Monday, July 1, 2013

Madeira, the Wine of Independence!

By Amanda Schuster

Good Madeira is truly one of the greatest gifts to mankind, though aside from wine geeks, aficionados and locals who appreciate it, precious few know of this fortified wine's true beauty and longevity (such as a good Colheita). And like many great things in life, it came to us largely as a serendipitous accident.

Madeira is named after the island in Portugal where it is produced. It was discovered by a Portuguese explorer named Gonsalves Zarco, who was blown off course en route to West Africa. While resting on the smaller island he called Porto Santo, he could see another island through the mist and set off to check it out. This gorgeous island was so lush and covered with trees that he named it "Madeira", which is Portuguese for "wood". Once the island was colonized and the land was cleared of many of the trees, the cultivation of sugar cane (from Sicily) began, as well as that of Malvasia grapes (from Cyprus). But because the Portuguese colony of Brazil was already profiting so well from the sugar industry, and making it finer and cheaper than any Madeiran product, the focus turned to wine production. Since Madeira is perfectly positioned within the Atlantic shipping lanes to be a natural port of call for ships on their way to and from the Americas or Africa and Asia, this was an inherent benefit for what would become the island wine trade.

Much like the discovery of the island itself, the early process of making this style of wine is as happenstance as it is cumbersome. When wines were transported to the New World, they had to pass through the tropics, which would essentially cook them. But this transformed otherwise harsh and acidic wines to ones that were mellow, with a burnt flavor that was not the least unpleasant. This practice then began on purpose, storing wine in ships' ballasts for round trip journeys, and often repeating it back and forth a couple of times till the wine reached the desired level of toastiness. These wines were called vinho da roda (wine of the round voyage). How the wines survived the trip considering all the rocking, extreme heat and filthy storage conditions is a source of wonder.
By the 1700s, America became the biggest customer of Madeira, buying up nearly a quarter of all the wine produced. The British American and West Indian islands began consuming it as their only wine. Five years before the Boston Tea Party, there was a riot on the docks when the Brits tried to attach a duty to a shipment of Madeira. It was the wine used to toast the Declaration of Independence as well as George Washington's inauguration.

But the remote island was not safe from the Oidium (powdery mildew) and Phylloxera louse crisis which devastated most of the crops in the 18th century. Since the only way around it was to graft American onto European stock, most of the new vines became hybrids. Now only about 20% of the vines in Madeira are pure originals.

The modern growing areas are relatively small, especially now that bananas have become the island's biggest export. When the dense forests were originally cleared and burned in the 1420's, this left a thick layer of wood ash in the soil, which proved to be advantageous for grape growing. Finally, a more practical form of toasting the wines came into practice, called Madirization. The wine is fortified, then slowly roasted in the barrel, sometimes over a period of several years.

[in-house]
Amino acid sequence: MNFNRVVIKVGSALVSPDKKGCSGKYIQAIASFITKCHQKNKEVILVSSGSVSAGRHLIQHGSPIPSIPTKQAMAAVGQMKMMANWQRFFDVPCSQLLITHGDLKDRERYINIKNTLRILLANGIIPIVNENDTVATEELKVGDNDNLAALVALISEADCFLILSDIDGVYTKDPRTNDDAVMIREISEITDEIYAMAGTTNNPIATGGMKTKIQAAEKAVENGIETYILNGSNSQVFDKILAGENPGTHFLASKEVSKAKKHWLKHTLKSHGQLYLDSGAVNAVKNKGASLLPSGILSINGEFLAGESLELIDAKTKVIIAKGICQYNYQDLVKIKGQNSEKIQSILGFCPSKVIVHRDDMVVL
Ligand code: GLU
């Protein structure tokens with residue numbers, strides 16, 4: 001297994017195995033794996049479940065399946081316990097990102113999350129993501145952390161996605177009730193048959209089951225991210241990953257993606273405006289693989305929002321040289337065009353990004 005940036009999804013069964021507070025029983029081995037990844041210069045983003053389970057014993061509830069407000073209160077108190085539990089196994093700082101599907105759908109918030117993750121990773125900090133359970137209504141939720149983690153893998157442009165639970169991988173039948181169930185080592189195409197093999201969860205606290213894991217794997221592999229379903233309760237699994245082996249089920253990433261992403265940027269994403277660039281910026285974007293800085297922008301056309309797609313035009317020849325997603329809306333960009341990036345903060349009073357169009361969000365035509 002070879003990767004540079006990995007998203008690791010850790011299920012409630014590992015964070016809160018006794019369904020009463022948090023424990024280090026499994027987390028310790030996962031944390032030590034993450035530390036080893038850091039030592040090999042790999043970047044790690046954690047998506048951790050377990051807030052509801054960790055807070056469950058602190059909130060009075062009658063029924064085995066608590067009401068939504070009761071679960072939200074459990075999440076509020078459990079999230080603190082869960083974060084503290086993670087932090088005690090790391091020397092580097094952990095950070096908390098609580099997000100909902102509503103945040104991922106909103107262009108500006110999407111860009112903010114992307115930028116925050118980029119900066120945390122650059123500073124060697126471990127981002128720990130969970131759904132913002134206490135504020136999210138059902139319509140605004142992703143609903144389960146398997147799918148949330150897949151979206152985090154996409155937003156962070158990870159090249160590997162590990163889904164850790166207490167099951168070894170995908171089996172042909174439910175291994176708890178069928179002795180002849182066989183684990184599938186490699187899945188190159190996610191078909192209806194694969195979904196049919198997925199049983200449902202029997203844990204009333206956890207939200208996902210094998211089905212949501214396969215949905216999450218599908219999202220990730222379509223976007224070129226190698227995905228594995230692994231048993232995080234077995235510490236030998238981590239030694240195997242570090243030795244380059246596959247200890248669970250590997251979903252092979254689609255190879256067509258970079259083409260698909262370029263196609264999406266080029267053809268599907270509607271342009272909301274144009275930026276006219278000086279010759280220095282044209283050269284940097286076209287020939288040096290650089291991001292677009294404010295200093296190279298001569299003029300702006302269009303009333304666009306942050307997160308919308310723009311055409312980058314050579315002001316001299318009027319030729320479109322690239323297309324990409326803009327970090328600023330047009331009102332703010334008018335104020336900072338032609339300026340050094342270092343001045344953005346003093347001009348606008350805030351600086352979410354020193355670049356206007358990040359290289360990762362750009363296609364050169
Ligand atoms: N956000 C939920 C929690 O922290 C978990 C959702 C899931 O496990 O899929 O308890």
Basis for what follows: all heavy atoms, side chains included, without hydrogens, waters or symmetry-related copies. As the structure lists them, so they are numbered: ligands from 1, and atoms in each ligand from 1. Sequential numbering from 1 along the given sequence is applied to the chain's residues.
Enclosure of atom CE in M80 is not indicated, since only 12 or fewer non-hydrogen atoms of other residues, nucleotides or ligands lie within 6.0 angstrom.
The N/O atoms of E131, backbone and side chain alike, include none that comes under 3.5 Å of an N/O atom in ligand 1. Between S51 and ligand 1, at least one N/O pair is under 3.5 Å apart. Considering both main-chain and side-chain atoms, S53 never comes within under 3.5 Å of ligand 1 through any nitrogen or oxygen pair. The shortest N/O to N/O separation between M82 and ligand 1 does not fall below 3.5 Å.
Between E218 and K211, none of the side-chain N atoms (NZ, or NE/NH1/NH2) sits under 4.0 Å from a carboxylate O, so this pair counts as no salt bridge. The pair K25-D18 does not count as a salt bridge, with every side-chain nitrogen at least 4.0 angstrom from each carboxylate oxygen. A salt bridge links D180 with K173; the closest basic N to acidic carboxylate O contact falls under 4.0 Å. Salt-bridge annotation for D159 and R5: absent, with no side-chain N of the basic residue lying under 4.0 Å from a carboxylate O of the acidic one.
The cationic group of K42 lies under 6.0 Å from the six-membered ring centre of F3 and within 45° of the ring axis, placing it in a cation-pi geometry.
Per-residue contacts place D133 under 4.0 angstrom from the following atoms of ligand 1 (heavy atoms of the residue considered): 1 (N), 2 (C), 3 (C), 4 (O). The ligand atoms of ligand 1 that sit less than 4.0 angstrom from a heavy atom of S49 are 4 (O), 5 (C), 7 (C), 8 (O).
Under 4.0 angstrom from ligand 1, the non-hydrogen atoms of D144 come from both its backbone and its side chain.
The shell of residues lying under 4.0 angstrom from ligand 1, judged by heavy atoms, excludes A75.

The Madeira subregions are named for the grapes grown there:

Bual (Boal): The acidity of this grape is best suited for Madirization. These wines have amazing longevity and have been known to last centuries, with all complexity intact. These tend to be sweeter, rounded wines.

Malvasia (Malmsey): Grown in the warmest areas and lowest altitudes near the coast around Camara de Lobos. Known for the sweetest wines, aged in cask.

Sercial: Grown in the coolest and highest elevated vineyards. After fortification, they spend ten or more years in cask. These are the driest style of wine, but with a nutty, complex finish.

Tinta Negra Mole (Tinta de Madeira and Negra Mole): The most widely planted grape that resulted from post-Phylloxera hybrid plantings. This is a red grape that is a cross between Garnacha and Pinot Noir. It is most often used in blends with the other grapes in every style from dry to sweet. If the label does not indicate a Sercial, Malmsey or Boal, then it is likely a Negra Mole blend. Some aged, vintage varietal productions such as "Colheita" (made in the style of Tawny Port, single vintage aged in cask then bottle aging) and "Frasqueira" (Reserva) have been released.

Verdelho: Usually planted in the cool vineyards in the north of the island. Mostly used for medium dry wines with balanced acidity that take on a full-bodied, smoky character with aging.

Cheers from DrinkUpNY!

Amanda Schuster is a native New Yorker, but without much of the accent. The mobile landscape of the city has taken her on a whirlwind journey from Medieval historian, photo archivist, jewelry designer and invitation specialist to earning her sommelier certification in late 2005. After working as a retail wine and spirits buyer and freelance brand promoter, she turned to the one thing that has stayed a constant all these years – her love of writing. She has published dozens of articles on cocktails, spirits, wine and other culinary interests, and is currently working on her first novel. Her favorite cocktail is a Manhattan.

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